The American Farm Bureau Federation (AFBF) and the National Association of State Departments of Agriculture (NASDA) have petitioned the Environmental Protection Agency to delay the January 2017 start date of its worker protection safety (WPS) rule. AFBF and NASDA cited EPA violations of federal law as well as incomplete and undelivered compliance and enforcement tools to support their petition.
According to the joint petition to EPA Administrator Gina McCarthy, the WPS rule was issued in violation of federal law. The proposal, AFBF and NASDA told McCarthy, “fails to advance the purpose of furthering the safety of farm workers.” The rule’s rapidly approaching implementation also poses “a serious problem for administration of the rule’s requirements” by state departments of agriculture as well as farmers and ranchers who must comply with its terms.
“We ask EPA to delay the effective date to give NASDA members adequate time to prepare for compliance with the rule and to avoid the unfair and un-redressable harm to farmers and ranchers,” the groups said.
The petition from AFBF and NASDA claims that EPA did not meet the law’s requirements when it failed to provide congressional agriculture committees with a final copy of the regulations, along with the copy sent to the agriculture secretary. EPA has acknowledged the omission in responses to questions from Congress.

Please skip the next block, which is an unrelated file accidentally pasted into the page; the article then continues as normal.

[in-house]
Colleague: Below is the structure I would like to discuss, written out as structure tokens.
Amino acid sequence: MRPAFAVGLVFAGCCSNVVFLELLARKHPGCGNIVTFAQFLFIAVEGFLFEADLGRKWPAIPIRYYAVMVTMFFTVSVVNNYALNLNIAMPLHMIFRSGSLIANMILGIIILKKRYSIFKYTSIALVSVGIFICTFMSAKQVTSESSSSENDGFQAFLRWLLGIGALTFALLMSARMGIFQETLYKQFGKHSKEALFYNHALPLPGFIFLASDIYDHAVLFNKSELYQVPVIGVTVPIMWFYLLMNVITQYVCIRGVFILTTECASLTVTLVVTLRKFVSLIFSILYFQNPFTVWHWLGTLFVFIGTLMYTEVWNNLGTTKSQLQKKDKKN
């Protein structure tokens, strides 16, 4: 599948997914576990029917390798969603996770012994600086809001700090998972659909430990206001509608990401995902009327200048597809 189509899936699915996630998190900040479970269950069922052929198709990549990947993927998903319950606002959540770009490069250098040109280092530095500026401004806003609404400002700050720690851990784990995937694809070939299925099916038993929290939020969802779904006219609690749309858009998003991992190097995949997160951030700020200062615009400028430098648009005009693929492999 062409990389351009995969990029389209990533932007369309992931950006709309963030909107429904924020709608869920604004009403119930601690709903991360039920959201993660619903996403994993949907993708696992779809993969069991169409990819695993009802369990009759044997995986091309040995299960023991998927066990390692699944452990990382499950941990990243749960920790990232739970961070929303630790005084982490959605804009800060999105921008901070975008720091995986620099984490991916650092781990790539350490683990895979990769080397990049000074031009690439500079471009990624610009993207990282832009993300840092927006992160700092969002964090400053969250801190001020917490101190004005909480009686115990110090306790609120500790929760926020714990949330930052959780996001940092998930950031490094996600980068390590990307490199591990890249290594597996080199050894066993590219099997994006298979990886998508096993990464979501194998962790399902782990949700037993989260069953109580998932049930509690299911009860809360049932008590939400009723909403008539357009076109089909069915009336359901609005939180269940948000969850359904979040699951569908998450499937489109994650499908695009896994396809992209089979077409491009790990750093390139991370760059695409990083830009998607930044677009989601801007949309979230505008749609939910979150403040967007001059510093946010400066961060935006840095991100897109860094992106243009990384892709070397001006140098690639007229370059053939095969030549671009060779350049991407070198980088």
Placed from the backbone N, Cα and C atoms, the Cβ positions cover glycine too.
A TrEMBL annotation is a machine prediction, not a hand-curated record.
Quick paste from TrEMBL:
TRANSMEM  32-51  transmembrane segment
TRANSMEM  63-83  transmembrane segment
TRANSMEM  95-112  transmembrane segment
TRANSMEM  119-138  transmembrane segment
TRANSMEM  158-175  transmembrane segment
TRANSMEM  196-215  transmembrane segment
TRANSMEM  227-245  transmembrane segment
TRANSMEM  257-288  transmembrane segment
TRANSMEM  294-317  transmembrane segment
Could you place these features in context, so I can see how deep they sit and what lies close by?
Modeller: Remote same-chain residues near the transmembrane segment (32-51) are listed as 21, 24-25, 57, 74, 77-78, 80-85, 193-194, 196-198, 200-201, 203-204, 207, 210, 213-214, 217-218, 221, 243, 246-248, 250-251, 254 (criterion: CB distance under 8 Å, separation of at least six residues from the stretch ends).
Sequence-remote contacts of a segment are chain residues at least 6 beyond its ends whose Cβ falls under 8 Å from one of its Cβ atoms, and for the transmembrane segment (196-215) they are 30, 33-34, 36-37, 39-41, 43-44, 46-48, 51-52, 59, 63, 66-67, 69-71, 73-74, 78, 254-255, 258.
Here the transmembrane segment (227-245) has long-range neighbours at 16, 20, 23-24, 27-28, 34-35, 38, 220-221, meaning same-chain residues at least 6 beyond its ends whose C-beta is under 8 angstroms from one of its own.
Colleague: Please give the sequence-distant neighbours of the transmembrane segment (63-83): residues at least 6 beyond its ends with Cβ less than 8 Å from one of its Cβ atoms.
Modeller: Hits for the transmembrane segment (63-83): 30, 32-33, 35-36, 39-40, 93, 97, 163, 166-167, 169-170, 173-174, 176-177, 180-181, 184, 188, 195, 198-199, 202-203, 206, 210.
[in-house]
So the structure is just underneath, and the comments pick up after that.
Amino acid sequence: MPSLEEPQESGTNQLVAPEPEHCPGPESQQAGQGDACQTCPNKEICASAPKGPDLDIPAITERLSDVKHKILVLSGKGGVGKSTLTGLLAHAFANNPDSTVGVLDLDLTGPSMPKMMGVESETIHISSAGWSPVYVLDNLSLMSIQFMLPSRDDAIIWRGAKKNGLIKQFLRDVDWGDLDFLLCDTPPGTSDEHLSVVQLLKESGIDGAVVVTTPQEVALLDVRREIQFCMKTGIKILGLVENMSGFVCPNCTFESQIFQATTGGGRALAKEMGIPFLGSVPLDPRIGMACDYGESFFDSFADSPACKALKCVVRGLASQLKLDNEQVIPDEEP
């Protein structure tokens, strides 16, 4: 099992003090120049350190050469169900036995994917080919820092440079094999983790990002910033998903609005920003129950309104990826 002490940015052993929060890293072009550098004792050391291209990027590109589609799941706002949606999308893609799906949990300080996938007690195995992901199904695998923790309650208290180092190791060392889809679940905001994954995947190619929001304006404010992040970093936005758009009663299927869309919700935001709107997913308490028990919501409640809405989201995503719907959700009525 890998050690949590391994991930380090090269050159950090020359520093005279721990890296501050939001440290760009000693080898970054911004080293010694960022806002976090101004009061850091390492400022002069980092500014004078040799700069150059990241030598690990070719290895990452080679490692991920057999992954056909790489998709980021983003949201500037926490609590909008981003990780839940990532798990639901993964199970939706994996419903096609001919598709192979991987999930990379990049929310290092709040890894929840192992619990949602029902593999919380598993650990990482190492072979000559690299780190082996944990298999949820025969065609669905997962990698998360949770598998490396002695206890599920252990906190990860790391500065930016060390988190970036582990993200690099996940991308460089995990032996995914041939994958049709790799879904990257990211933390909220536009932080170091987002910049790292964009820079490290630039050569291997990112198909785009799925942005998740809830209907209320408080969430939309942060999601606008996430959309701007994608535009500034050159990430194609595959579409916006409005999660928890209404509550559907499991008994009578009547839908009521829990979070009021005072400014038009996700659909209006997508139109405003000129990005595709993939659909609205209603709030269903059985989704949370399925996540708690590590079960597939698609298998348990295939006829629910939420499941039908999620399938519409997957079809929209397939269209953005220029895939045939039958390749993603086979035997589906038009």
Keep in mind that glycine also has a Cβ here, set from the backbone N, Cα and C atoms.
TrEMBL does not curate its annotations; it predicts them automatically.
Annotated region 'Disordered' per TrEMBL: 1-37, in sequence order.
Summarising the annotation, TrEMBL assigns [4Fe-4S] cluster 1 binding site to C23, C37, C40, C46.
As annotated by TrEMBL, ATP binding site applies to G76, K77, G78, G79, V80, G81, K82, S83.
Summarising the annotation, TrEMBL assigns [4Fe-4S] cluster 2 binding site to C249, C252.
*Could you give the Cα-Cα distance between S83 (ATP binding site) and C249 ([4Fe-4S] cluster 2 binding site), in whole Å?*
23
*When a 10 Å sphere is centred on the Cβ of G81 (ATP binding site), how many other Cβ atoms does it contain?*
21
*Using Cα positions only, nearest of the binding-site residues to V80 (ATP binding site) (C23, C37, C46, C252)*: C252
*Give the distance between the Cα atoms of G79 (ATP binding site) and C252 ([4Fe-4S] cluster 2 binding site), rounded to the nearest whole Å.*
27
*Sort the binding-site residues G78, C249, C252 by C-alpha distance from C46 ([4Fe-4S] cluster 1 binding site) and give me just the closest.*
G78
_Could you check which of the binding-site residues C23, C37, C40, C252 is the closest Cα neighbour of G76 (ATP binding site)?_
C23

“EPA’s failure to meet its statutory obligations deprived Congress of its lawful expectation of examining the regulation before its promulgation,” the petition states.
The groups also claimed that the rule’s “designated representative” provision exceeds the scope of the WPS rule by depriving farmers of reasonable expectation of privacy for confidential business information. The groups said the rule subjects farmers to potential harassment and public criticisms for lawful use of EPA-approved pesticides. In spite of the groups identifying problems related to equity and implementation of the WPS rule, EPA has not addressed the problems.
The petition also asserts that EPA has failed to finalize and deliver to state lead agencies the enforcement guidance, educational materials and training resources needed to effectively implement the rule and assist farmers and ranchers with compliance efforts.
“At this time, even if all of the compliance and enforcement materials were completed and distributed to all the appropriate state enforcement agencies, there is simply not enough time for the (state lead agencies) and the regulated community to successfully implement the provisions scheduled to take effect on Jan. 1, 2017,” the petition states. “In short, EPA has failed to develop and deliver the necessary resources for states to train the regulated community on the new requirements, and the agency has failed to comply with its own WPS implementation timeline.”